Liberals’ Denial of Islamist Terror Lets Bigots Act Like Good Guys
The Colombo attacks have re-exposed a hole in the credibility of the left. With a global far-right resurgence, all such holes need to be closed – and fast – if the left is to push back effectively.
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Compare the reactions of liberals to the Christchurch terror attack vs the Colombo terror attack.
After Christchurch, liberal icon AOC was clear about the problem, and clear about how to fix it.
In Christchurch, the condemnation from liberals is clear and specific – "white supremacy", "Islamophobia", "hate-filled extremism", “fascism”.
But in Colombo, while the condemnation is there, but it is vague and platitudinous – "stand united", "Easter worshippers", "terrorism", "saddened".
Kavita Krishnan, an Indian icon of the left, jumped to blame Sri Lanka's 'majority' (Sinhalese) for the Colombo bombings, before any investigation was completed – it's just one small example of the difference in the way the left deals with terror or extremism based on the identity of the perpetrator.
Even when it came to the Pulwama attack, there was widespread condemnation of the 'terrorism', but almost no mention of Islamist terror despite the attack being carried out by an avowedly extremist jihadi group.
The hole here is the evident double standard the left employs when dealing with Islam (as opposed to other religions).
There's a better way to deal with this fraught problem.
The far-right is surging everywhere, empowered in part by its capture of the legitimate space vacated by the left – the space to criticise Islamist extremism.
Given the global problem of Islamist terror – ISIS, Taliban, Boko Haram, LeT, JeM, etc – and religious extremism from Saudi Arabia to Qatar to Pakistan, the ostrich-like denial from the left is obvious and transparent to everybody. No such exemption is given to saffron terror, or Christian fundamentalism, or any other brand of extremism – which is how it should be.
This reticence to call a spade a spade has real consequences – voices from Muslims trying to encourage reforms within their own communities (like women, 'apostates', LGBTQ people, minority sects) find themselves more or less alone in the fight – any support from the west comes largely from bigots and racists who use it as a cover to safely express their own hatred, while liberals waffle over whether they will seem Islamophobic or not.
Take the example of triple talaq – with the lack of enthusiasm from liberals for the cause, a disingenuous right wing commandeered it for its own purposes, pushing itself as the voice of Muslim women who wanted genuine change. Where does that leave Muslim women? Are they in a better position for the support of the right?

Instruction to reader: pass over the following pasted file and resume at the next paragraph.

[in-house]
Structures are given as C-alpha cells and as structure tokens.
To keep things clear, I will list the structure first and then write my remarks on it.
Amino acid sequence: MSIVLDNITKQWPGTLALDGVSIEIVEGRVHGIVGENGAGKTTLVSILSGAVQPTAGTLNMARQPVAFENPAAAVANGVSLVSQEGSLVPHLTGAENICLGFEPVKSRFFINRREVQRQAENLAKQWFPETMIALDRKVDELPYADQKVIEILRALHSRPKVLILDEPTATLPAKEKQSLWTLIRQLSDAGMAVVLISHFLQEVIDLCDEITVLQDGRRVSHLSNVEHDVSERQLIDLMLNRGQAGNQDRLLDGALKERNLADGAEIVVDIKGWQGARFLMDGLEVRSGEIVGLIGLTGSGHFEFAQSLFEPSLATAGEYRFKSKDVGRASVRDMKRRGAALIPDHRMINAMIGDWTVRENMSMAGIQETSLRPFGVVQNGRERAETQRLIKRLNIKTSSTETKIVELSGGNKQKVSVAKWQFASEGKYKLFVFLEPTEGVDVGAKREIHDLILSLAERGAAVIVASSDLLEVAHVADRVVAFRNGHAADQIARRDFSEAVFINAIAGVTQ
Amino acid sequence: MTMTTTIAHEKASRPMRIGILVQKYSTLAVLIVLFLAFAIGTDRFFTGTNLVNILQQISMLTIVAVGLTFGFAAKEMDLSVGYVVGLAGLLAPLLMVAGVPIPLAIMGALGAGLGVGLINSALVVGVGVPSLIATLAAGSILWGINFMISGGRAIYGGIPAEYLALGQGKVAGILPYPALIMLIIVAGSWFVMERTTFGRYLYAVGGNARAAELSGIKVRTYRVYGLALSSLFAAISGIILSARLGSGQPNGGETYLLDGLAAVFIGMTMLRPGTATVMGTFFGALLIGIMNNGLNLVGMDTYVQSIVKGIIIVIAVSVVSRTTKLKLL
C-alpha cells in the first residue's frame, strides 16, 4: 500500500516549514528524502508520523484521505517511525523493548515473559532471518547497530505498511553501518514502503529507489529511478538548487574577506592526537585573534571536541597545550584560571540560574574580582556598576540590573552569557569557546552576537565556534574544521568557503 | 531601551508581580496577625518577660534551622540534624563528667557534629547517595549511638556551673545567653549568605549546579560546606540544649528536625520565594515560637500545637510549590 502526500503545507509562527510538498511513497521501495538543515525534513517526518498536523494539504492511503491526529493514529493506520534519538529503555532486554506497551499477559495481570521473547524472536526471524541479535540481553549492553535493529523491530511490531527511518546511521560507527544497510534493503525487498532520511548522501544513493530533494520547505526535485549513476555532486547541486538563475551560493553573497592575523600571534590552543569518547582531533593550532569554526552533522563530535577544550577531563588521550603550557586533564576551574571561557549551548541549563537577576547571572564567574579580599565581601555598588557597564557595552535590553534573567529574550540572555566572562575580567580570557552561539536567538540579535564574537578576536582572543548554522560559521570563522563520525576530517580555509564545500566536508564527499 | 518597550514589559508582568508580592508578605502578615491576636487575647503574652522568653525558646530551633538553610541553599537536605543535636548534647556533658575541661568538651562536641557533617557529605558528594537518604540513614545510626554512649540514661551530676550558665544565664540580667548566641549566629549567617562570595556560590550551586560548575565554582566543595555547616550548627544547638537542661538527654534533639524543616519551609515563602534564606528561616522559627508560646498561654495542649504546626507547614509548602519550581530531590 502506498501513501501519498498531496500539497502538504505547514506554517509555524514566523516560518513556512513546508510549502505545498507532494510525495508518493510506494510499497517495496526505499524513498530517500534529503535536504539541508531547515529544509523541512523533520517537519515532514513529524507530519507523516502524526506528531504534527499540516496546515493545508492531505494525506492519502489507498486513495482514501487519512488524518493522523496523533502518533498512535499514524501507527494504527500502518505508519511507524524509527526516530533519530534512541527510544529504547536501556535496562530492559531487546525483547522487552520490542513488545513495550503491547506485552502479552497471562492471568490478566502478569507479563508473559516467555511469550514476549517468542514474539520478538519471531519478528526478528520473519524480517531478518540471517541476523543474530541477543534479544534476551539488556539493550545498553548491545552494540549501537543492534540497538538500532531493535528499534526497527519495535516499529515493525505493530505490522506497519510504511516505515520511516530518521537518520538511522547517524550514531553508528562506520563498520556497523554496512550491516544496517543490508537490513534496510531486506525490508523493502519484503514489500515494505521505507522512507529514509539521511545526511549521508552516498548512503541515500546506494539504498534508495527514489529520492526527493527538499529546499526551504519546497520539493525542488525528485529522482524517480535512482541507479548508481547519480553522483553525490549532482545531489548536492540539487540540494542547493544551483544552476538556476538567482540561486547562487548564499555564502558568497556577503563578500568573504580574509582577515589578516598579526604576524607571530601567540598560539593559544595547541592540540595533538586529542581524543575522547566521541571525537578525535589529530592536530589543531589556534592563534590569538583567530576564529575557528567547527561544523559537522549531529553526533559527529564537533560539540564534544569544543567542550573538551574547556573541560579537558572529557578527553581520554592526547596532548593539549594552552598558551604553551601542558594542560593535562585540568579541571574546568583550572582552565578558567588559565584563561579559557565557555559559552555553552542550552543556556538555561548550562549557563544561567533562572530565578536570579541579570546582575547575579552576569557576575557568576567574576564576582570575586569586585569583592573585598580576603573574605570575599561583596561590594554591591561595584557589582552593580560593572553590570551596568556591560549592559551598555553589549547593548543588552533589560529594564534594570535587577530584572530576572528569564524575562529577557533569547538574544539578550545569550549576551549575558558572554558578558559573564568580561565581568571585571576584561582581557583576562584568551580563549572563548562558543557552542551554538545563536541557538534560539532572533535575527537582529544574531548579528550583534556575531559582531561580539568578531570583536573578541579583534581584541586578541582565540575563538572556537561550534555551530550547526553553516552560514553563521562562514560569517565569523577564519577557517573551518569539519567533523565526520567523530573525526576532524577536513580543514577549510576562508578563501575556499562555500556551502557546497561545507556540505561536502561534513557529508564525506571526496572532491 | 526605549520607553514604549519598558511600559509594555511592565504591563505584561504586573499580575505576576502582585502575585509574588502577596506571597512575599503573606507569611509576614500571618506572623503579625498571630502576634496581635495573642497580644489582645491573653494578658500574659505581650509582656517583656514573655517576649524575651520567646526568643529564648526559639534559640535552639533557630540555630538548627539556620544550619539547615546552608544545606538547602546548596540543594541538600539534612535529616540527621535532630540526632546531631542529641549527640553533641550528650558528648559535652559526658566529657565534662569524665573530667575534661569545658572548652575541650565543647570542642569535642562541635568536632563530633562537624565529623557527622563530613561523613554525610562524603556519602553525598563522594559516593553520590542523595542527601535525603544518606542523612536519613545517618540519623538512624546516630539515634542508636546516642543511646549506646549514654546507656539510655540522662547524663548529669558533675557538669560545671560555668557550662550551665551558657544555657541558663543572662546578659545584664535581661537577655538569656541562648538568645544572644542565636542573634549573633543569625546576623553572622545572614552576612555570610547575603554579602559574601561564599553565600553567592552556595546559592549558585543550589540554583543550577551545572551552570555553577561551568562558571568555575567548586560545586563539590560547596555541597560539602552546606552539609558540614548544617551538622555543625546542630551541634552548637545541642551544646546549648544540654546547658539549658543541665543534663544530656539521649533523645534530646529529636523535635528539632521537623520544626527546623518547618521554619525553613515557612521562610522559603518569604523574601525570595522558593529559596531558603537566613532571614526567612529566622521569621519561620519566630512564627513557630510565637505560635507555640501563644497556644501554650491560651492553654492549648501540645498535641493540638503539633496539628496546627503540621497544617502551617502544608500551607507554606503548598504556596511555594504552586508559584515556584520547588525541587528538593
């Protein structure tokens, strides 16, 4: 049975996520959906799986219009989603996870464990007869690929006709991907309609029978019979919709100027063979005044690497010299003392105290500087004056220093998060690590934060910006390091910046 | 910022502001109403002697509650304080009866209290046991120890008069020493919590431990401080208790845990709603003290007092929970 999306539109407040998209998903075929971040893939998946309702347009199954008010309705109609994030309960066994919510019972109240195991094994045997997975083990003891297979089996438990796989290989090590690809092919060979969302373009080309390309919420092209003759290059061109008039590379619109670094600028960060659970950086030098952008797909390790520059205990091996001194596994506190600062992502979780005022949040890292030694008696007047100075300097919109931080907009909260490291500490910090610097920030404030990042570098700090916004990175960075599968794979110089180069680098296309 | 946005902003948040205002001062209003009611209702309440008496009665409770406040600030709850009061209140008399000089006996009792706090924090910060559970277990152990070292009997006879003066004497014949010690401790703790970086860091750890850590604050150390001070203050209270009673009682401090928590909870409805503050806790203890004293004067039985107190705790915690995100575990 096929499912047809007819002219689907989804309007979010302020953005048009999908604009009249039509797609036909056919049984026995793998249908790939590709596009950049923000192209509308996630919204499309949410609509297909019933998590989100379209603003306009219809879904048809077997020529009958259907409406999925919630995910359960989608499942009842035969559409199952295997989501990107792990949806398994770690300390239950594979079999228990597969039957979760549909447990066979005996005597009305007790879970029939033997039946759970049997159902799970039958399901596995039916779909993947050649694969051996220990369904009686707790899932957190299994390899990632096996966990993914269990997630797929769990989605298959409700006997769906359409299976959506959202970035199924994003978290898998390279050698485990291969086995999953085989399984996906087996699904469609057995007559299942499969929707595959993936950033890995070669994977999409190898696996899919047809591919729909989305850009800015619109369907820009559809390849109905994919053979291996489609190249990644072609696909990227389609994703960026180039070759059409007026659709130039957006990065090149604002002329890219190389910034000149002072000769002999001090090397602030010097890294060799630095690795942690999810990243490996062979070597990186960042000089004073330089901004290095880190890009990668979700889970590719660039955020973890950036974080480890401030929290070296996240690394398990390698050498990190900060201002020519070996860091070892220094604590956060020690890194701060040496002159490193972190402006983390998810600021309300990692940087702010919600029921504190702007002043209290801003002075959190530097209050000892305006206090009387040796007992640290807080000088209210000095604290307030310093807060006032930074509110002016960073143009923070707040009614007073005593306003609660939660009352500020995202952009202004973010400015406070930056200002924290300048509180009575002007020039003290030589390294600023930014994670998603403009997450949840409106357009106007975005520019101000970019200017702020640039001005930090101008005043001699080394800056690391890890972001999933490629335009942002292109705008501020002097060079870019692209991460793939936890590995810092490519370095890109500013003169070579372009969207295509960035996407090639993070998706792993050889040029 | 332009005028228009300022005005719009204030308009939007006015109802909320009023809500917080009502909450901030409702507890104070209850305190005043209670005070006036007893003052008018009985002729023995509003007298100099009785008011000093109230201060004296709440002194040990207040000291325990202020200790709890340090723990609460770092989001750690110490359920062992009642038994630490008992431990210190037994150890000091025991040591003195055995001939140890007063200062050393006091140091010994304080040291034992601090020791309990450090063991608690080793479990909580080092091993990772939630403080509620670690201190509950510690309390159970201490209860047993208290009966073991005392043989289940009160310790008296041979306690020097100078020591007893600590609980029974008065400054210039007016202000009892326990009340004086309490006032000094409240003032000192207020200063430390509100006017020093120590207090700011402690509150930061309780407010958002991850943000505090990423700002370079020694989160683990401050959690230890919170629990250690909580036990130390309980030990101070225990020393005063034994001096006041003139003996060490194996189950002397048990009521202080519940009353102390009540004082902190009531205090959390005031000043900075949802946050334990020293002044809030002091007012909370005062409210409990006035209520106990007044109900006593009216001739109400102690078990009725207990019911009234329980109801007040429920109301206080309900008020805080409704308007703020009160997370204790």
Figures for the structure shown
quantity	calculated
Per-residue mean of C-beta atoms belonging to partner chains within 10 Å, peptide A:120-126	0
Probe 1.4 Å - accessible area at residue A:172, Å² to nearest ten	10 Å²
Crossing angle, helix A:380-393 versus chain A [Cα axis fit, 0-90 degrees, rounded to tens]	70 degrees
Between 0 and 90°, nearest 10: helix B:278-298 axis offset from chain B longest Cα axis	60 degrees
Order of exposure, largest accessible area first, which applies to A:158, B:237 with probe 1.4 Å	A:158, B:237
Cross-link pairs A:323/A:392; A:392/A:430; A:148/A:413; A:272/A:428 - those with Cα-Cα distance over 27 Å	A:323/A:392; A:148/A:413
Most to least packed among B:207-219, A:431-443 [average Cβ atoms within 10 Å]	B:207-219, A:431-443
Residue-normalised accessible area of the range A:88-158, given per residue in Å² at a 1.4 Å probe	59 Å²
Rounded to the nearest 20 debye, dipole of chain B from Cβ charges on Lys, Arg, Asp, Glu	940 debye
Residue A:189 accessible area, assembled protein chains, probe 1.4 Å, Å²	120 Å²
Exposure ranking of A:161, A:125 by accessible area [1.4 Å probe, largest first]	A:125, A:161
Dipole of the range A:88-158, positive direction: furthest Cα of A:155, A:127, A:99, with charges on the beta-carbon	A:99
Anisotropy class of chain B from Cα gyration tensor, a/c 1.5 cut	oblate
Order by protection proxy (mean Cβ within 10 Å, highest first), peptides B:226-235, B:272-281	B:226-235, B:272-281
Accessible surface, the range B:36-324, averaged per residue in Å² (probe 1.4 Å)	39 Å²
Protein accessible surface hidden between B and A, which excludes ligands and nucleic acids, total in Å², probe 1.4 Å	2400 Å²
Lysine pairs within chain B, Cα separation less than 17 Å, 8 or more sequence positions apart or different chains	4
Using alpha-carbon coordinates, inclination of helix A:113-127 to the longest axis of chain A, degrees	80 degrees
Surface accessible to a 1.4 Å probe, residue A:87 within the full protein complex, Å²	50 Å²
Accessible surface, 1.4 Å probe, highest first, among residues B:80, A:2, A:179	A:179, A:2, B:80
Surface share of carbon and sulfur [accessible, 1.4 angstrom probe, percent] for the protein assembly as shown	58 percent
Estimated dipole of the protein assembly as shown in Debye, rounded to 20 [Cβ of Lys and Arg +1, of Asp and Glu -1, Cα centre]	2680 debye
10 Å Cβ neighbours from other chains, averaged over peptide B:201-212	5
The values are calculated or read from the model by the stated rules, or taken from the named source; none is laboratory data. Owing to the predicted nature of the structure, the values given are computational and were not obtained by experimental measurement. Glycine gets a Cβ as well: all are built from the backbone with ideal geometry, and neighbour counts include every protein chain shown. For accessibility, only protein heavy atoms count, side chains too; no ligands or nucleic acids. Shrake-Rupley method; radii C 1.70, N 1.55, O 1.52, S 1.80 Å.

Meanwhile, the ease with which any criticism of Islamist or even Islamic ideology has come to mean "Islamophobia" empowers and strengthens the conservatives who have seized control of the faith. See Iran, where western diplomats wear the forced hijab while they visit, even as Iranian women themselves revolt on pain of imprisonment and torture.
We Know Why We're Doing It... But Maybe It’s Time to Stop
Everybody knows the hesitation to name Islamism as the problem is for the fear that any statement even perceived to be against Islam will give ammunition to bigots and racists. That fear is more than understandable...
Everyone can see Islamist terror is a global problem – pretending it isn't something the world should worry about is a lie. Pretending it has nothing to do with religion is a lie, just like it would be a lie to say that lynchings in India have 'nothing to do' with Hindutva, or that the Republican Party has ‘nothing to do’ with white supremacy, or that terrorists who blow up American abortion clinics have 'nothing to do' with Christianity.
In the fight to shape public opinion, this dynamic hands anti-Muslim bigots a seemingly legitimate argument, while leeching credibility from liberals.
There's a way to speak about Islamism honestly, without strengthening the hand of bigots.
1. Amplify voices of Muslims who speak against the conservatism and extremism within their religion. Notice them, support them. They are the antidote to conservatism, and their increased visibility will puncture the ignorant idea that Islam is an extremist monolith.
2. Use 'Islamist' when criticising, not 'Islamic'. 'Islamist' refers to the political brand of Islam, like Hindutva refers to the political brand of Hinduism. It will separate extremists from moderates.
3. What we mean when we say 'Islamophobia' is actually 'anti-Muslim bigotry' or 'Muslimphobia'. Islamophobia is an obvious misnomer – one cannot be 'phobic' (read: bigoted) about an ideology... all ideologies, whether religious or political, are fair game. We need to separate criticism of this specific ideology from criticism of all Muslims.
Fighting religious extremism of all kinds is a squarely liberal cause, and we risk our own integrity by applying this principle selectively.